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Extended report
Variants in linkage disequilibrium with the late cornified envelope gene cluster deletion are associated with susceptibility to psoriatic arthritis
  1. John Bowes1,
  2. Edward Flynn1,
  3. Pauline Ho1,2,
  4. Batool Aly1,
  5. Ann W Morgan3,
  6. Helena Marzo-Ortega3,
  7. Laura Coates3,
  8. Ross McManus4,
  9. Anthony W Ryan4,
  10. David Kane5,
  11. Eleanor Korendowych6,7,
  12. Neil McHugh6,7,
  13. Oliver FitzGerald8,
  14. Jonathan Packham9,
  15. Ian N Bruce1,2,
  16. Anne Barton1,2
  1. 1Arthritis Research UK Epidemiology Unit, Manchester Academic Health Science Centre, University of Manchester, Manchester, UK
  2. 2The Kellgren Centre for Rheumatology, Central Manchester Foundation Trust, NIHR Manchester Biomedical Research Centre, Manchester, UK
  3. 3NIHR-Leeds Musculoskeletal Biomedical Research Unit, Leeds Institute of Molecular Medicine, University of Leeds, Leeds, UK
  4. 4Department of Clinical Medicine, Institute of Molecular Medicine, Trinity College Dublin, Dublin, Ireland
  5. 5Adelaide and Meath Hospital and Trinity College Dublin, Dublin, UK
  6. 6Royal National Hospital for Rheumatic Diseases, Bath, UK
  7. 7Department Pharmacy and Pharmacology, University of Bath, Bath, UK
  8. 8Department of Rheumatology, St Vincent's University Hospital, UCD School of Medicine and Medical Sciences and Conway Institute of Biomolecular and Biomedical Research, University College Dublin, Dublin, Ireland
  9. 9Arthritis Research Campaign National Primary Care Centre, Keele University, Stoke on Trent, UK
  1. Correspondence to Dr Anne Barton, Arthritis Research UK Epidemiology Unit, Stopford Building, Oxford Road, University of Manchester, Manchester M13 9PT, UK; anne.barton{at}


Objective A common deletion mapping to the psoriasis susceptibility locus 4 on chromosome 1q21, encompassing two genes of the late cornified envelope (LCE) gene cluster, has been associated with an increased risk of psoriasis vulgaris (PsV). One previous report found no association of the deletion with psoriatic arthritis (PsA), suggesting it may be a specific risk factor for PsV. Given the genetic overlap between PsA and PsV, a study was undertaken to investigate whether single nucleotide polymorphisms (SNPs) mapping to this locus are risk factors for PsA in a UK and Irish population.

Methods Three SNPs with prior evidence of association with susceptibility to PsV were genotyped in 1057 patients with PsA using Sequenom iPlex chemistry and genotype frequencies compared with data available for 5575 healthy controls. Two of the SNPs, rs4112788 and rs4085613, were reported to be highly correlated with the LCE deletion. The third SNP, rs6701216, was previously reported to be associated with PsV in a US population.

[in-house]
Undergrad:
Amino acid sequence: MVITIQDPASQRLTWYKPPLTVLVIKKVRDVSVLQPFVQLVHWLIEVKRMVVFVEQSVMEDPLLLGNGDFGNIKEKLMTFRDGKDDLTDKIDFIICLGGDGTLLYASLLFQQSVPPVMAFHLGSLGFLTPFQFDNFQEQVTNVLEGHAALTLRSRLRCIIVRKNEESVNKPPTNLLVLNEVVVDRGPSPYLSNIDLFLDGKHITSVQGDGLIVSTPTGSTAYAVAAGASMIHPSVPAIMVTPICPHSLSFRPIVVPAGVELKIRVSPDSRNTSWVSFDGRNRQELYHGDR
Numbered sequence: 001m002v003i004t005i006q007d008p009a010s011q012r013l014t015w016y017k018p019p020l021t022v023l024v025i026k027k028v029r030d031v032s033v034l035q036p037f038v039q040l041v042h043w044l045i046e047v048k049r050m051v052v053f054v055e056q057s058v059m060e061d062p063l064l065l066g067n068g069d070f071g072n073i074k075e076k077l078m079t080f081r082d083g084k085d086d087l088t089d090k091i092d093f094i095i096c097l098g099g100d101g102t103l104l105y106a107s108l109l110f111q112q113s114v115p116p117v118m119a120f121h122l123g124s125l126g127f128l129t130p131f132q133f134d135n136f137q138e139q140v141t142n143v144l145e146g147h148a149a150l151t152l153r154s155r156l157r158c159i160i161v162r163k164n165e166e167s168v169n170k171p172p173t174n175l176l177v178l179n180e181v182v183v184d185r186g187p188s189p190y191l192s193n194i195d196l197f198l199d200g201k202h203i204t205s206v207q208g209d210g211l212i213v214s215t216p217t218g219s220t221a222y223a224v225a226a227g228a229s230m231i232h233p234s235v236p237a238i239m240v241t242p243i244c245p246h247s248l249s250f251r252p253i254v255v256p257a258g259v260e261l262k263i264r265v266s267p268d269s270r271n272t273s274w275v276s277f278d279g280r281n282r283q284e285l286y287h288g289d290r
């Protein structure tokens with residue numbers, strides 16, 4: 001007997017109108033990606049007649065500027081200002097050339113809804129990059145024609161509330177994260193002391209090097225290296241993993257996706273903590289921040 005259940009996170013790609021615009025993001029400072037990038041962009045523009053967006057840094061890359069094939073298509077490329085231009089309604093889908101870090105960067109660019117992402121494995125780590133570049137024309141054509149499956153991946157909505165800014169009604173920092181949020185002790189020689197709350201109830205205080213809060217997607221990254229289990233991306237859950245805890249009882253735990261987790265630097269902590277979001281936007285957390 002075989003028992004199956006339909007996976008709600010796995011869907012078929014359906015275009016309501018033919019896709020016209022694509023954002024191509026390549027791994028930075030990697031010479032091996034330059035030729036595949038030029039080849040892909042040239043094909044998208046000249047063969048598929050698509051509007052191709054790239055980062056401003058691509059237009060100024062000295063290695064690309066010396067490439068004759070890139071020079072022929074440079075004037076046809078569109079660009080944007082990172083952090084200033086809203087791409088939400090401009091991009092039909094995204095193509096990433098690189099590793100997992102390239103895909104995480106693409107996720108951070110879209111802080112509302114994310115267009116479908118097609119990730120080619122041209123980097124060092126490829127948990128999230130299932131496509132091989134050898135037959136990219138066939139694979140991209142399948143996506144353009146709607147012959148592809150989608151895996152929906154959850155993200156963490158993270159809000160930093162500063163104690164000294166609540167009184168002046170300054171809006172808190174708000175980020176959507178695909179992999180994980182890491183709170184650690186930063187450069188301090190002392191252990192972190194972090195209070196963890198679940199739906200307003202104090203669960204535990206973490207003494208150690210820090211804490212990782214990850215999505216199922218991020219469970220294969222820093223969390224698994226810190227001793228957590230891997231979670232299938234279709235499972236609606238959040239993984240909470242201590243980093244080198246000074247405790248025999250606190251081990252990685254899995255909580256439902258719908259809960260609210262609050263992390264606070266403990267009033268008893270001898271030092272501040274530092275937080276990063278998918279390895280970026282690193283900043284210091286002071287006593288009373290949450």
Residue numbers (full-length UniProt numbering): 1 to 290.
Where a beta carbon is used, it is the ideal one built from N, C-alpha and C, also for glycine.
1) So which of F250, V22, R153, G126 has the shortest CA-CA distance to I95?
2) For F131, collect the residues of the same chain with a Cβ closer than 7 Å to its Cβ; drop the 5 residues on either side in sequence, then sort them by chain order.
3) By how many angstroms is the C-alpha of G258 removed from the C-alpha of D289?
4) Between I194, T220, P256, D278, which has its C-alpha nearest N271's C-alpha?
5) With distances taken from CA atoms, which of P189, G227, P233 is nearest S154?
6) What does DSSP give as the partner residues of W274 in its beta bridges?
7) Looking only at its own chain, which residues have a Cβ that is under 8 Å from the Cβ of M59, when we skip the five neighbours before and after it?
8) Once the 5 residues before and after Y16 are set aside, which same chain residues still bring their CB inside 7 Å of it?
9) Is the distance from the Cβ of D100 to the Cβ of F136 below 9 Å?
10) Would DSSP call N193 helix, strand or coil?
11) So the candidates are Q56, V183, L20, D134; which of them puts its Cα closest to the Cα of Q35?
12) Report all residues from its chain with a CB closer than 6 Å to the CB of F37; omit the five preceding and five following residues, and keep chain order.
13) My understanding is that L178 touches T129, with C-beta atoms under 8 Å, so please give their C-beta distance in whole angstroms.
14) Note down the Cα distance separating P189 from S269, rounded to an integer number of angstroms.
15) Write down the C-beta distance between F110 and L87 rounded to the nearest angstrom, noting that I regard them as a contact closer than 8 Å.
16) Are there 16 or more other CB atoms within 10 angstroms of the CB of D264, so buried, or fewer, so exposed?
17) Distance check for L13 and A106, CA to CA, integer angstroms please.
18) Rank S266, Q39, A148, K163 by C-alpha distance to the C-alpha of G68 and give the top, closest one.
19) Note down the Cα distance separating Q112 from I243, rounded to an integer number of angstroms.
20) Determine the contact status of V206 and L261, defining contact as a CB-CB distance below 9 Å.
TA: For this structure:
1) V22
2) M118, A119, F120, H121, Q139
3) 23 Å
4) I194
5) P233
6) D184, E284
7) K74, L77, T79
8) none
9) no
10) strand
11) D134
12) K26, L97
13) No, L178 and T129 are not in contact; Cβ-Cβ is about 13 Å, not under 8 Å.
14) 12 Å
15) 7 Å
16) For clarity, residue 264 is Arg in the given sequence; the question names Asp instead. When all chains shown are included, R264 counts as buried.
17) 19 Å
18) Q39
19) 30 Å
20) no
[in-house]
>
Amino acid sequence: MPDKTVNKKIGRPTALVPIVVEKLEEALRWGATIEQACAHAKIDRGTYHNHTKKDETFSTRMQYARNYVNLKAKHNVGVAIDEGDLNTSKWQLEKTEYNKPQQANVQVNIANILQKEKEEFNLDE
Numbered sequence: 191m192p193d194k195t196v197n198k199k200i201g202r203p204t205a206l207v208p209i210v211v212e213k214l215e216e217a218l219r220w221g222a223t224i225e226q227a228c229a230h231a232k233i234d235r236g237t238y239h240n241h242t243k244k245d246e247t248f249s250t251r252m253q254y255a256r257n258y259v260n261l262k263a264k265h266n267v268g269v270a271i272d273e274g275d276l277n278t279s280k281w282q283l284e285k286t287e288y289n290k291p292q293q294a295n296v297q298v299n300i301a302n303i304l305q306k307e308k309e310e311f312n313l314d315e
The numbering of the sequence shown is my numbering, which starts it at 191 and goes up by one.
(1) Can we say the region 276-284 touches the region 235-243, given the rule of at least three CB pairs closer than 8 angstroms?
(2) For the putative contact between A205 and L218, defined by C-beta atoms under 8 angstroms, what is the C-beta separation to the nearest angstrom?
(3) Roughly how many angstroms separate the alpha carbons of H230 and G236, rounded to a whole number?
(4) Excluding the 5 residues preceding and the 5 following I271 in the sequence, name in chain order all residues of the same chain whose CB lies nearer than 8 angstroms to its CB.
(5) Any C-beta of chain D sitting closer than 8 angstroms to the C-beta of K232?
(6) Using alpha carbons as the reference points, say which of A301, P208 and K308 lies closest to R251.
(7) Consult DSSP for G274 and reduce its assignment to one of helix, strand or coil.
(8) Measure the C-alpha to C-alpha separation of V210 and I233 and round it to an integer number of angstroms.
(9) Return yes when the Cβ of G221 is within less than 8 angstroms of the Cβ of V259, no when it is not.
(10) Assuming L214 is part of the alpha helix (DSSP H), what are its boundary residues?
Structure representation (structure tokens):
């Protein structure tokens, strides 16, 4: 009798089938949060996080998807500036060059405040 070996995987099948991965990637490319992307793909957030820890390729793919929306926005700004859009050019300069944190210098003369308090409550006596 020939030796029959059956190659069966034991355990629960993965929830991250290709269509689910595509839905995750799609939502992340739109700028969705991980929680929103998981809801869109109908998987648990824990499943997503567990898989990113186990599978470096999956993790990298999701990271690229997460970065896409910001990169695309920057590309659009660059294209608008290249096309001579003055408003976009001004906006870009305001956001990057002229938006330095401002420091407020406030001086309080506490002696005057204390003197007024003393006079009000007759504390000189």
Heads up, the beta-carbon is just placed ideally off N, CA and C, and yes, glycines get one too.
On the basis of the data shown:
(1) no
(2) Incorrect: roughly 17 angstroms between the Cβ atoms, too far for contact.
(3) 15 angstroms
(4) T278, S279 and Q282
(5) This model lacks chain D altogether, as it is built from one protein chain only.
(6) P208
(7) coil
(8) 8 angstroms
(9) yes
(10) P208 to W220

Results Alleles tagging the deletion for both rs4112788 and rs4085613 were found to be enriched in cases compared with controls (69% vs 65%) and significantly associated with increased susceptibility to PsA (ptrend = 0.001, OR 1.19 and ptrend = 0.001, OR 1.18, respectively). No association was observed with rs6701216.

Conclusions The evidence presented here supports LCE deletion as a risk factor for PsA in a UK and Irish population. It suggests that this locus is a risk factor within a shared aetiological pathway that contributes to psoriatic skin disease in both PsV and PsA.

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  • Funding JB, INB and AB are funded by Arthritis Research UK (arc grant 17552). EF is supported by the European Community's Sixth Framework Programme AutoCure funding. Funding for the project was provided by the Wellcome Trust under award 076113 and 085475. This work was funded by the Arthritis Research UK.

  • Ethics approval This study was conducted with the approval of the Central Manchester Research Ethics Committee MREC 99/8/84 and all subjects provided informed consent.

  • Provenance and peer review Not commissioned; externally peer reviewed.

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